REMOTE CONTROL. Another Korean challenger, LG, already sells a $2,999 TV-refrigerator at Best Buy and will soon offer its appliances through Home Depot as well (see BW, 1/24/05, "Korea's LG"). It's in the process of developing an Internet-enabled dishwasher and a microwave, too. The idea is to connect all appliances to your home Internet network, so you can activate the dryer or turn up your air conditioner remotely, say via a PC at work.

Critics argue that a pricey refrigerator with a TV isn't likely to have mass appeal (after all, a conventional refrigerator of the same size can be had for less than $400), but LG says part of this product's mission is to establish it as an innovative company. "For a new brand, products make a difference in marketing," says Daniel Lee, director of marketing for digital appliances at LG Electronics USA in Englewood Cliffs, N.J. "This is a great marketing tool."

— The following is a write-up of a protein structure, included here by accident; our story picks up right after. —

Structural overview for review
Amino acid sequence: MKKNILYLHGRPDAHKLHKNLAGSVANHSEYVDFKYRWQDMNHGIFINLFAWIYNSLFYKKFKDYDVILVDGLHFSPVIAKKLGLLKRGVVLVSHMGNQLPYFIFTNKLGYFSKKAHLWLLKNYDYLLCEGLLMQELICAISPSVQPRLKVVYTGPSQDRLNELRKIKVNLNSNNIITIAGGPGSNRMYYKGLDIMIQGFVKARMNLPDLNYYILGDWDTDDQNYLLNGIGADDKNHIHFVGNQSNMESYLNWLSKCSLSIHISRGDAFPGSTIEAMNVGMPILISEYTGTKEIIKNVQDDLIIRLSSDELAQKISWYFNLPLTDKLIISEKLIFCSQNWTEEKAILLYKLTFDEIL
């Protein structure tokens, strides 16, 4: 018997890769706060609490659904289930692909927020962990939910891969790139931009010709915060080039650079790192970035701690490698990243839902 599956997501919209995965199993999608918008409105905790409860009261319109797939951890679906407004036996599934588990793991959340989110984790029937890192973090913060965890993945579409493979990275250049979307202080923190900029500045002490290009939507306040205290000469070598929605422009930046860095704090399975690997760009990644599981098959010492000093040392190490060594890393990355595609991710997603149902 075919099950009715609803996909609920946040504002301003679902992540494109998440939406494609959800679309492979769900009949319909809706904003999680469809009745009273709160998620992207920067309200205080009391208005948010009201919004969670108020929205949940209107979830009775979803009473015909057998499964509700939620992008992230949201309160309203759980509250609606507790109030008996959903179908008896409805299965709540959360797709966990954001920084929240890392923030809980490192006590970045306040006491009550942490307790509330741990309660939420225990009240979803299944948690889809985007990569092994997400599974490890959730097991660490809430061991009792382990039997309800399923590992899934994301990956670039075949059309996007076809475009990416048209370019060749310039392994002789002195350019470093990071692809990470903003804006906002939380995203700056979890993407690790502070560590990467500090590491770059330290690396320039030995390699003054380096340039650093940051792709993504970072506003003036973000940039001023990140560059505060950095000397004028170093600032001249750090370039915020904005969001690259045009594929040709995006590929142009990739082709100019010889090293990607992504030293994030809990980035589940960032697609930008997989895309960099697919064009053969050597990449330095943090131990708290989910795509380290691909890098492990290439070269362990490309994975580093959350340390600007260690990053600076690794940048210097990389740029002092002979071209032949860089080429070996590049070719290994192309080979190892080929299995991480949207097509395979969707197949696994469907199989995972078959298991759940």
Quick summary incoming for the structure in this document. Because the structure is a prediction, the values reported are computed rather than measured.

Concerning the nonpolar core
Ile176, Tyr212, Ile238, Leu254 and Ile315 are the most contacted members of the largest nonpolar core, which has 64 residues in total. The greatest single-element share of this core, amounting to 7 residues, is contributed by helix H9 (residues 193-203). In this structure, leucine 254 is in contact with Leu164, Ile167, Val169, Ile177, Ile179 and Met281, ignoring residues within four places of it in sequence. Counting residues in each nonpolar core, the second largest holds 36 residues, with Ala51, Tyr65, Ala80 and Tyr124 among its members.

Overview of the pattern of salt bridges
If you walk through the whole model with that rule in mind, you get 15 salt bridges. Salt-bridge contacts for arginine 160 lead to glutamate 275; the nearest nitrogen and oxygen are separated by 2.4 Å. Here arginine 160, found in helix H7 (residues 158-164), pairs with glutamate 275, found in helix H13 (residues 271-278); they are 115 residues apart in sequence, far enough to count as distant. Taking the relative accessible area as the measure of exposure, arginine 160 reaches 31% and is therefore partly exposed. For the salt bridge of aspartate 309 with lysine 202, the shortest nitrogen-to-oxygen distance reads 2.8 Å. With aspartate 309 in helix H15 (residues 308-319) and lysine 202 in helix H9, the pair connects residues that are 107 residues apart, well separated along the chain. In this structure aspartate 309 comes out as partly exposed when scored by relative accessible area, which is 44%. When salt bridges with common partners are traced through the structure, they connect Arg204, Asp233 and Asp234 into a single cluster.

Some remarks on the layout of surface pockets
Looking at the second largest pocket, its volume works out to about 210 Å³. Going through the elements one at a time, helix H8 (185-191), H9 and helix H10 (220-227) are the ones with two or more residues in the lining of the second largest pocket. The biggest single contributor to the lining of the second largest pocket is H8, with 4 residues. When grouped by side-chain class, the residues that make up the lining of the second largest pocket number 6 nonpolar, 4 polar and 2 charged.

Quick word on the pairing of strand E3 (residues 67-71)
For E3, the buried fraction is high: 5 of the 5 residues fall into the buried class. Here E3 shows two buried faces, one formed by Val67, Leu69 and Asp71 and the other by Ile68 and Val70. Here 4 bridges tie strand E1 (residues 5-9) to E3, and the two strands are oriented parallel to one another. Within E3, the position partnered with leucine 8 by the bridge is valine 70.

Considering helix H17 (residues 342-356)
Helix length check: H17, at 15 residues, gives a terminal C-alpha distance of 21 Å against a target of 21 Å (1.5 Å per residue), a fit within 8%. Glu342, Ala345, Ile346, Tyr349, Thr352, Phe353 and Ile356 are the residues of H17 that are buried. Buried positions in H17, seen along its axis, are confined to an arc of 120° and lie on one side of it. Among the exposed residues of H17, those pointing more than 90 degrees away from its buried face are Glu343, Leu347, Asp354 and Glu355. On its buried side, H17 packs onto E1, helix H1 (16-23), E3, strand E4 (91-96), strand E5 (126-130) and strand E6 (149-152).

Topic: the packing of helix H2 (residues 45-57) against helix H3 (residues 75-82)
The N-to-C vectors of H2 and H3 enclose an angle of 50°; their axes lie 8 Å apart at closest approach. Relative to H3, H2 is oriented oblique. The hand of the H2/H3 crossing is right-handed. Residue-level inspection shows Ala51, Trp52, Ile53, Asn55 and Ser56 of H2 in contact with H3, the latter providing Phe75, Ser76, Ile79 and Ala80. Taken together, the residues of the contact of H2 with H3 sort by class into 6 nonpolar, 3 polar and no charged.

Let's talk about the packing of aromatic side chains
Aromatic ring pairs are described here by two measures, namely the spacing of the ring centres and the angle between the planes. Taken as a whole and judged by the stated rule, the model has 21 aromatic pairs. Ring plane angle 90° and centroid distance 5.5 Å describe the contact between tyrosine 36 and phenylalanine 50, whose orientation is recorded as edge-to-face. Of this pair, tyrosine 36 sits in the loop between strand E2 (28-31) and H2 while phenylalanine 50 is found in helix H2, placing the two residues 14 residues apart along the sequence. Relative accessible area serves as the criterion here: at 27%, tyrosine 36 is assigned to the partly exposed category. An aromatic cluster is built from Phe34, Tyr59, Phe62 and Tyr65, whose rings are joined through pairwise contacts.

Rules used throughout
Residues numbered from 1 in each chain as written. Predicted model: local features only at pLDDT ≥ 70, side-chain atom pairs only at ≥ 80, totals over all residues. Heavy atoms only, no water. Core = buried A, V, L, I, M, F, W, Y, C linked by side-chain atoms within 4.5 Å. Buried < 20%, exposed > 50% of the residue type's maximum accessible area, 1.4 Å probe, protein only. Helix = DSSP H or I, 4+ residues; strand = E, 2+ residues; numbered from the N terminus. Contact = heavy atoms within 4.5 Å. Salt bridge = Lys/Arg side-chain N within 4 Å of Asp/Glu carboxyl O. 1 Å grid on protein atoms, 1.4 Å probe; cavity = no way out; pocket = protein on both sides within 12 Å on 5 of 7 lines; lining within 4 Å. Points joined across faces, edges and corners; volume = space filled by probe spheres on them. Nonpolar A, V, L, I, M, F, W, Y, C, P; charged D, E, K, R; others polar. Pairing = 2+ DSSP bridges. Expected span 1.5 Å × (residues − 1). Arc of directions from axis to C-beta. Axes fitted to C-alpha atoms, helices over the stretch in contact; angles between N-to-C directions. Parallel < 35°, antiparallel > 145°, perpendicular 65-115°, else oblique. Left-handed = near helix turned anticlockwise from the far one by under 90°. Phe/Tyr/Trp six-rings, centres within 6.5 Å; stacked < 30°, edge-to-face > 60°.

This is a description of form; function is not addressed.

Indeed, LG's marketing effort is about to hit top gear. LG plans to spend about $100 million on advertising its appliances in the U.S. over the next three years, says Lee. Its goal? To grab a double-digit percentage of market share in refrigerators and several other market segments within the next two years.

CLEAR CASING. Indeed, as LG, Samsung, Sharp, and others roll out new product lines, one of these companies could move into the ranks of top five appliance makers within three years, believes Lisa Bonnema, editor in chief of Appliance Magazine, a trade publication that conducts industry market research.

The threat from these newcomers is forcing the U.S. industry's old-timers to respond. Maytag's Jenn-Air brand, for one, recently went high-tech, with models in which the fashionable stainless steel is replaced with glass panes. "We've been hearing this year that designers have been looking for the new stainless steel," says Jenn-Air Brand Manager Kingsley Shannon. "We think this is it. We've heard nothing but rave reviews [for our glass]." These tempered glass appliances, which will become available at the end of April, can be cleaned with regular glass cleaner.